The Bear Care Group is a non-profit group dedicated to the continued organization of international bear husbandry conferences, programs, publications, and resources for bear caregivers at sanctuaries, rehabilitation facilities, and zoos. This website provides the most recent information and easy access to all conference needs including; conference and hotel registration, transportation info, and more.

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The Bear Care Group was delighted to partner with the Animals Asia Foundation to bring the Advancing Bear Care 2015 – Vietnam workshop to Hanoi, Vietnam on October 29 – November 1. We would like to thank them for their hard work and dedication in planning and executing logistical details that made this workshop such a success.



Bears living in wild environments express daily and seasonal routines as dictated by their genetic programming. Captive bears experience the same drives and will set up similar living routines when given the internal and external environment to do so. The ability to express species-specific behaviors reduces stressors inherent in captive living and promotes physical and mental health. At this dynamic bear husbandry workshop we presented the principles of behavior-based bear husbandry, environmental enrichment, operant conditioning, and veterinary care.  We further explored wild bear behavior, enclosure design and redesign, furnishing a bear enclosure, enrichment programming, bear nutrition and diet, daily and seasonal husbandry routines, integration and social groupings, operant conditioning to promote husbandry, and veterinary and bear welfare practices.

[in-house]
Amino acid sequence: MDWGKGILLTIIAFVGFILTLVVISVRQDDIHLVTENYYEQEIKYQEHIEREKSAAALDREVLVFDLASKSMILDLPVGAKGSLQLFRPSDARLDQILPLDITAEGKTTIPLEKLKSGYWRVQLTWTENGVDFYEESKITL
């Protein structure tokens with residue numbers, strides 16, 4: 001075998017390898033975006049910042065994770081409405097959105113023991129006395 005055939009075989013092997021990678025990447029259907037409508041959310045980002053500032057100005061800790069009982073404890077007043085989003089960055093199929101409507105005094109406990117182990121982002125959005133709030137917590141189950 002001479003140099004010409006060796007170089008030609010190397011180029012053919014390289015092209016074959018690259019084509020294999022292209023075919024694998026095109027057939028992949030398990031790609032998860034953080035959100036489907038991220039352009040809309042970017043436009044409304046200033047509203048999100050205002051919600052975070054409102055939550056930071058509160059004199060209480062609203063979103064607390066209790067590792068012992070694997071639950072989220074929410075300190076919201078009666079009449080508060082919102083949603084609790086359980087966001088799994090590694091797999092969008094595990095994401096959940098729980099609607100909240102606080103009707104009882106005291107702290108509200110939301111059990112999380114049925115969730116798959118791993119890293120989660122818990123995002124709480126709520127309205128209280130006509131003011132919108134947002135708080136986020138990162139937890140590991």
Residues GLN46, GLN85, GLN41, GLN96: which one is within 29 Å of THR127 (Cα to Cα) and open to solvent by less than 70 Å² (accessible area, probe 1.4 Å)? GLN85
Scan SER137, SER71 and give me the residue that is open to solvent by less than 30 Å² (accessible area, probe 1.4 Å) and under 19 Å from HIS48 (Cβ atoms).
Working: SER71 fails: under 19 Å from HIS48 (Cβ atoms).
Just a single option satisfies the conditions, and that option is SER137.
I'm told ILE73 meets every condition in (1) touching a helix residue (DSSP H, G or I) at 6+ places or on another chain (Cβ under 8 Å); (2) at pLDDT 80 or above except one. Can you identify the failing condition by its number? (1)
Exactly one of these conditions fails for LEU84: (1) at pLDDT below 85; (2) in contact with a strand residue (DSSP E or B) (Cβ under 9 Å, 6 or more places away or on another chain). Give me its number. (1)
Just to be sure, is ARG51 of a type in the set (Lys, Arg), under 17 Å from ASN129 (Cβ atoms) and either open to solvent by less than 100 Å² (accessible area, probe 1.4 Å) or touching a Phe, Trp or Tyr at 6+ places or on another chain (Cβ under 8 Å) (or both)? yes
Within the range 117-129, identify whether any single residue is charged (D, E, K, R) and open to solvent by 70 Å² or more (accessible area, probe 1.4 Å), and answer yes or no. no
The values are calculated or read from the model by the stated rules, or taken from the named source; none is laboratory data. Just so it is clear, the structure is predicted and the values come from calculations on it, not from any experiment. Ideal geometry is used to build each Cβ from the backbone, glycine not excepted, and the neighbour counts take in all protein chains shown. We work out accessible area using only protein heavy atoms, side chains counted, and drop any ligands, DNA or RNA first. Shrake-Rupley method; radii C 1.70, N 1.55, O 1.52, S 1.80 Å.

International delegates arrived in Hanoi from fifteen different countries including Malaysia, Singapore, India, Pakistan, Vietnam, Lao PDR, China, Taiwan, Australia, England, Scotland, Switzerland, France, Canada and the USA, from organizations as varied as zoos, sanctuaries, and animal welfare groups. Vietnam was well represented with managers, veterinarians, and zookeepers from the Hanoi Zoo, Hanoi Wildlife Rescue Center, Cat Tien Bear Sanctuary, and Four Paws Viet – Wildlife Conservation Center. We thank everyone for participating by sharing your knowledge and challenges, all with the aim of helping the bears in your charge back home. It was an incredible time of networking and lending support between like-minded bear caregivers.


Without sponsors an educational event such as this could not take place. We wish to thank Hauser Bears for their generous steadfast support of the Bear Care Group’s educational programs and projects.  We also wish to thank Polar Bears International for their generous support of our projects. Thank you to both the Winton Foundation for the Welfare of Bears and to Behavioral and Environmental Solutions for their kind support of this workshop.  We very much appreciate the donation of a travel bursary by the International Fund for Animal Welfare (IFAW) which helped to bring experienced bear rehabilitators to the event for a meeting about the future potential of bear rehabilitation and release in Asia. We also very much appreciate the donation of digital equipment by IFAW which assisted us in providing educational materials to all of the delegates. We wish to gratefully acknowledge the support of Dang Gia Tung, President of Hanoi Zoological Gardens, and the staff of the Hanoi Zoo for hosting the practicums and assisting with the many details of conference planning. Thank you also to Trinh Bich Thuy and the wonderful staff of the Thang Loi Hotel for the incredible customer service.